National Academies Press: OpenBook

Preventing Reading Difficulties in Young Children (1998)

Chapter: Part II: Who Are We Talking About?

« Previous: 2. The Process of Learning to Read
Suggested Citation:"Part II: Who Are We Talking About?." National Research Council. 1998. Preventing Reading Difficulties in Young Children. Washington, DC: The National Academies Press. doi: 10.17226/6023.
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Part II
Who Are We Talking About?

Who has reading difficulties and what are the factors present in early childhood that predict failure and success in reading? Part II addresses these questions.

Large numbers of school-age children, including children from all social classes, have significant difficulties in learning to read. To clarify this statement, we outline a number of conceptual issues in identifying and measuring reading difficulties in young children. Categorical and dimensional approaches to estimating reading difficulties are presented, as are prevalence figures.

In a study on preventing reading difficulties, however, it is not enough to assess actual reading difficulties. Ideally, we want to know which children or groups of children will have problems learning to read when they are in school and given reading instruction. Effective preventions are necessary for children to receive in their preschool years, in some cases even starting in infancy—for example, for children with hearing impairments. Thus, there is a need to know what factors predict success and failure in learning to read. We consider predictors that are:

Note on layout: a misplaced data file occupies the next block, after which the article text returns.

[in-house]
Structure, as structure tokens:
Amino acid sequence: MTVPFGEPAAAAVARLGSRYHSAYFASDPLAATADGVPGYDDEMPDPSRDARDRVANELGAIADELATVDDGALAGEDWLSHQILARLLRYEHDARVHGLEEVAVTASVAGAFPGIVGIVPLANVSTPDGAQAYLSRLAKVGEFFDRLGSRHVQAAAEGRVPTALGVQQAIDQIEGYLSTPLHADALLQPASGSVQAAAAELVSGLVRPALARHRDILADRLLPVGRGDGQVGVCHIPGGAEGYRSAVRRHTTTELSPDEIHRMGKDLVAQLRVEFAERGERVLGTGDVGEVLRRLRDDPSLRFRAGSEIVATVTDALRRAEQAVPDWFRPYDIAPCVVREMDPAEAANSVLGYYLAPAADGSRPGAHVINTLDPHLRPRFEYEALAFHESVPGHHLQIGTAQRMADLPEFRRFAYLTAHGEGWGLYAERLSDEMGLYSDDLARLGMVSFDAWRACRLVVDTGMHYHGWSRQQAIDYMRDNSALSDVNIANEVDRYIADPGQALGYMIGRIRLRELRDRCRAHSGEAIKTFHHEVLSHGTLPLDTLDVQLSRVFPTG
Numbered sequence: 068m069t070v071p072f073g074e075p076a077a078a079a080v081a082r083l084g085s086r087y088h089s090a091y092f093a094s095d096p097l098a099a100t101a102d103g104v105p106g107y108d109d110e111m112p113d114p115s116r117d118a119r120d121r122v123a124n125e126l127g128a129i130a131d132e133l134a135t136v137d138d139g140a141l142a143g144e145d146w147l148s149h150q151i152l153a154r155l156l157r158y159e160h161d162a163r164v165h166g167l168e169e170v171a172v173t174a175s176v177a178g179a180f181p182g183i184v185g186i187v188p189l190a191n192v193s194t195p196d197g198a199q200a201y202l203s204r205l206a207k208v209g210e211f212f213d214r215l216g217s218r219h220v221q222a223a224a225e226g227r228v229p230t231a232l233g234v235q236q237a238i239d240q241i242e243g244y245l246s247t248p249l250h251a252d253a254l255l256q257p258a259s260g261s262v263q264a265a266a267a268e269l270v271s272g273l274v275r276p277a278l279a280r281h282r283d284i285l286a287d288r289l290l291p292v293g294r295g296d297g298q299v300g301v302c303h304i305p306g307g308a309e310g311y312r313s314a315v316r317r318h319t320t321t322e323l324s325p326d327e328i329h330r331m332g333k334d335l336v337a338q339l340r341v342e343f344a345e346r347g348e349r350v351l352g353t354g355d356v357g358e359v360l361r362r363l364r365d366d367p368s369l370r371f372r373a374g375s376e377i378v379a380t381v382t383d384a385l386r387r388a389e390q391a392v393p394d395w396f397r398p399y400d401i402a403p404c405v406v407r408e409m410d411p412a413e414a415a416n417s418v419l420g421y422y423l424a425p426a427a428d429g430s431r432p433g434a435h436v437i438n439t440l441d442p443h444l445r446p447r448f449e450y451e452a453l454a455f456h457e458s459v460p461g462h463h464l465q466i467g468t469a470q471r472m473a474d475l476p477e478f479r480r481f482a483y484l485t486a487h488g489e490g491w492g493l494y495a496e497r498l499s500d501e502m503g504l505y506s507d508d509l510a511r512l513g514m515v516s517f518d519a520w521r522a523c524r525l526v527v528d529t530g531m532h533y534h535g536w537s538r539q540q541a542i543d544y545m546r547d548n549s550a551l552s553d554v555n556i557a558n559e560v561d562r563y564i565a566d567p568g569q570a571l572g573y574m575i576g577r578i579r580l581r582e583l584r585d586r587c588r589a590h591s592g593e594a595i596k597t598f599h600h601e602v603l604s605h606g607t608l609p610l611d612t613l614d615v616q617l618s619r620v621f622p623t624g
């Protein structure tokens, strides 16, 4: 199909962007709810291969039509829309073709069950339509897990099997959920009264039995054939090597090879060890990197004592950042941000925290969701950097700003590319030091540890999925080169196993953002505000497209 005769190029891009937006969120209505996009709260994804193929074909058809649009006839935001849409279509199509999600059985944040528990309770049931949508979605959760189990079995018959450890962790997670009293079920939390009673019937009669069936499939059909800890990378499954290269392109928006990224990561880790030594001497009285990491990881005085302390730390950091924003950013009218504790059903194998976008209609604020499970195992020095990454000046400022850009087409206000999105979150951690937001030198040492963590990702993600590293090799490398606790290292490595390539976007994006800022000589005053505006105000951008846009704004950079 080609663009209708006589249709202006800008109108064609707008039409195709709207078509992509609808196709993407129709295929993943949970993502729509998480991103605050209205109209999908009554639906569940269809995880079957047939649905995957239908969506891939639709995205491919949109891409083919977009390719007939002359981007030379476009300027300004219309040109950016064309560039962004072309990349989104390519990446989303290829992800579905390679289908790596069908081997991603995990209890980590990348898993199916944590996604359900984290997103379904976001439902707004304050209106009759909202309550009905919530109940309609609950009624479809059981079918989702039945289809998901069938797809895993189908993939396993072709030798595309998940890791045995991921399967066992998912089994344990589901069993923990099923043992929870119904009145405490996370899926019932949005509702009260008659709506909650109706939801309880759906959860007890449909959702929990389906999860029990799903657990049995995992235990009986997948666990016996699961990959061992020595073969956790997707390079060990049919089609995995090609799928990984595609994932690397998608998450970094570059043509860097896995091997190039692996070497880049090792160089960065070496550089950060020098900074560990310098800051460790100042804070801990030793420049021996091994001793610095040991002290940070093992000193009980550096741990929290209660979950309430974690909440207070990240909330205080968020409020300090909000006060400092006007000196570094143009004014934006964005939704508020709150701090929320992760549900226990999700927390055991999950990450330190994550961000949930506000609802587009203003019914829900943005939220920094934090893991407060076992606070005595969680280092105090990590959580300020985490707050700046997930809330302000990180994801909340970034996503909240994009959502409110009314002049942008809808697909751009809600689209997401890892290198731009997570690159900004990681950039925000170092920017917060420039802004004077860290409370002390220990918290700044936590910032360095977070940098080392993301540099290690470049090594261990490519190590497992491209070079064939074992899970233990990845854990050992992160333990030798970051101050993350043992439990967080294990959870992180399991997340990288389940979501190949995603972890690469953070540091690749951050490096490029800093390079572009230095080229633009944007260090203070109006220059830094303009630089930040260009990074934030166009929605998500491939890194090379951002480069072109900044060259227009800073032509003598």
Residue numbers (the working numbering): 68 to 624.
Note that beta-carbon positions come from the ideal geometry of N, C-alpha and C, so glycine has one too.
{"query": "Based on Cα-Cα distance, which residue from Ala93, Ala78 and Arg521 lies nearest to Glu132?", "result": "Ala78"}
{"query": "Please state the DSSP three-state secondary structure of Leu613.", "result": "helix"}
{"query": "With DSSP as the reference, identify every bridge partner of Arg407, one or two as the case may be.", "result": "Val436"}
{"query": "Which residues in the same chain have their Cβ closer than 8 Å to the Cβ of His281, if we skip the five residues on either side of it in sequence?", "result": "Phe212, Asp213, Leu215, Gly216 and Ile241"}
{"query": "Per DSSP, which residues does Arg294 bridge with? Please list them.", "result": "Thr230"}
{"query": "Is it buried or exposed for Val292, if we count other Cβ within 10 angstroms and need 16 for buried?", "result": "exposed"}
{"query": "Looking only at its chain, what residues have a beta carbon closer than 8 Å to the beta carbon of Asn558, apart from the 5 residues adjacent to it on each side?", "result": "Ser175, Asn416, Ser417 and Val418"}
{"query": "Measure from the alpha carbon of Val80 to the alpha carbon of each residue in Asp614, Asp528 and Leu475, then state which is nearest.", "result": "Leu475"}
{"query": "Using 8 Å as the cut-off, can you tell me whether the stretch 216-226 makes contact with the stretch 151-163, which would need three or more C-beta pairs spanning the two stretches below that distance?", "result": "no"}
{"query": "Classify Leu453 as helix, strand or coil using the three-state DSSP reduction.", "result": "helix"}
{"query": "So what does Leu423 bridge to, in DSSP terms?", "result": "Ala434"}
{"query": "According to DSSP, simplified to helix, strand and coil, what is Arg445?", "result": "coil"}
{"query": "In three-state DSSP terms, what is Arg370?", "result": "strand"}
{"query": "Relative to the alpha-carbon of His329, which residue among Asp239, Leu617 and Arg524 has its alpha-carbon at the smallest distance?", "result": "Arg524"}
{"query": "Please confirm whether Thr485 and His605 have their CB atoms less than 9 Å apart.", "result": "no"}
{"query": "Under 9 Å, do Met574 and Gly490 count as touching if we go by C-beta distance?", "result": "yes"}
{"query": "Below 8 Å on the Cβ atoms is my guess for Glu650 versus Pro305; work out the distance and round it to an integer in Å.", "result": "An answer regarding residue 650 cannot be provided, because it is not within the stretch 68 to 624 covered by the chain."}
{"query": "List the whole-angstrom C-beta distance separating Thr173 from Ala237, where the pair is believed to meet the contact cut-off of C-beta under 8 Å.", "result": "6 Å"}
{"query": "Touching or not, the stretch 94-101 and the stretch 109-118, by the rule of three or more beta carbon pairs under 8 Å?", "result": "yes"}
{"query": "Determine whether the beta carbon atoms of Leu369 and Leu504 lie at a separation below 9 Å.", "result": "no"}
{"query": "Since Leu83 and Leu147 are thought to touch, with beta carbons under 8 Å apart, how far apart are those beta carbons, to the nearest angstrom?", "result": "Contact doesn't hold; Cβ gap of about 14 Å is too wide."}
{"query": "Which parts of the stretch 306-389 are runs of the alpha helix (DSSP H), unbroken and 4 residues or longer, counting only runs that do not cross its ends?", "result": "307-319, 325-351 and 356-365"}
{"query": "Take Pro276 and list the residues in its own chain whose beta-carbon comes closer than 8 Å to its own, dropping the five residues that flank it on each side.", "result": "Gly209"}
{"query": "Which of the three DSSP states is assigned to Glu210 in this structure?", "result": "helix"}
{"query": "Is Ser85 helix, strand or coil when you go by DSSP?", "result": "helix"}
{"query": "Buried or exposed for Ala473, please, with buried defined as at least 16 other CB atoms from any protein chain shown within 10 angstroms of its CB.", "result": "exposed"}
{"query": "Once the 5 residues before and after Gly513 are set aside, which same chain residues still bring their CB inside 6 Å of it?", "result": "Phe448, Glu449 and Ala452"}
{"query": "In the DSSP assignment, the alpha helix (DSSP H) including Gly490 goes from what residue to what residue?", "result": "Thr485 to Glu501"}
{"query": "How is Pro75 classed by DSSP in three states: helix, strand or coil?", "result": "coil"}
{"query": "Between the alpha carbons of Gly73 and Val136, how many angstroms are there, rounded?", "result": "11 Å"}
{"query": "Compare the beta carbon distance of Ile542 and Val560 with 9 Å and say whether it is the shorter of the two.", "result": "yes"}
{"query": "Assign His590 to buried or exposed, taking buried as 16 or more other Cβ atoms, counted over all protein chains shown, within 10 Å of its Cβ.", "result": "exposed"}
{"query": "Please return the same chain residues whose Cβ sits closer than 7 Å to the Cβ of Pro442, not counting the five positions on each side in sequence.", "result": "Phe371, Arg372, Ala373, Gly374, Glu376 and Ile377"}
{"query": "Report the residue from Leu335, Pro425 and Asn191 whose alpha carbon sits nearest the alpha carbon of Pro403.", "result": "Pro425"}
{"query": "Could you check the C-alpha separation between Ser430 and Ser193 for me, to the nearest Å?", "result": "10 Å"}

Suggested Citation:"Part II: Who Are We Talking About?." National Research Council. 1998. Preventing Reading Difficulties in Young Children. Washington, DC: The National Academies Press. doi: 10.17226/6023.
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Page 86

·      intrinsic to the individual and would be identified by assessing the child;

·      identified in the family environment; and

·      associated with the larger environment of the child—the neighborhood, school, and community in which the child lives.

Suggested Citation:"Part II: Who Are We Talking About?." National Research Council. 1998. Preventing Reading Difficulties in Young Children. Washington, DC: The National Academies Press. doi: 10.17226/6023.
×
Page 85
Suggested Citation:"Part II: Who Are We Talking About?." National Research Council. 1998. Preventing Reading Difficulties in Young Children. Washington, DC: The National Academies Press. doi: 10.17226/6023.
×
Page 86
Next: 3. Who Has Reading Difficulties? »
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While most children learn to read fairly well, there remain many young Americans whose futures are imperiled because they do not read well enough to meet the demands of our competitive, technology-driven society. This book explores the problem within the context of social, historical, cultural, and biological factors.

Recommendations address the identification of groups of children at risk, effective instruction for the preschool and early grades, effective approaches to dialects and bilingualism, the importance of these findings for the professional development of teachers, and gaps that remain in our understanding of how children learn to read. Implications for parents, teachers, schools, communities, the media, and government at all levels are discussed.

The book examines the epidemiology of reading problems and introduces the concepts used by experts in the field. In a clear and readable narrative, word identification, comprehension, and other processes in normal reading development are discussed.

Against the background of normal progress, Preventing Reading Difficulties in Young Children examines factors that put children at risk of poor reading. It explores in detail how literacy can be fostered from birth through kindergarten and the primary grades, including evaluation of philosophies, systems, and materials commonly used to teach reading.

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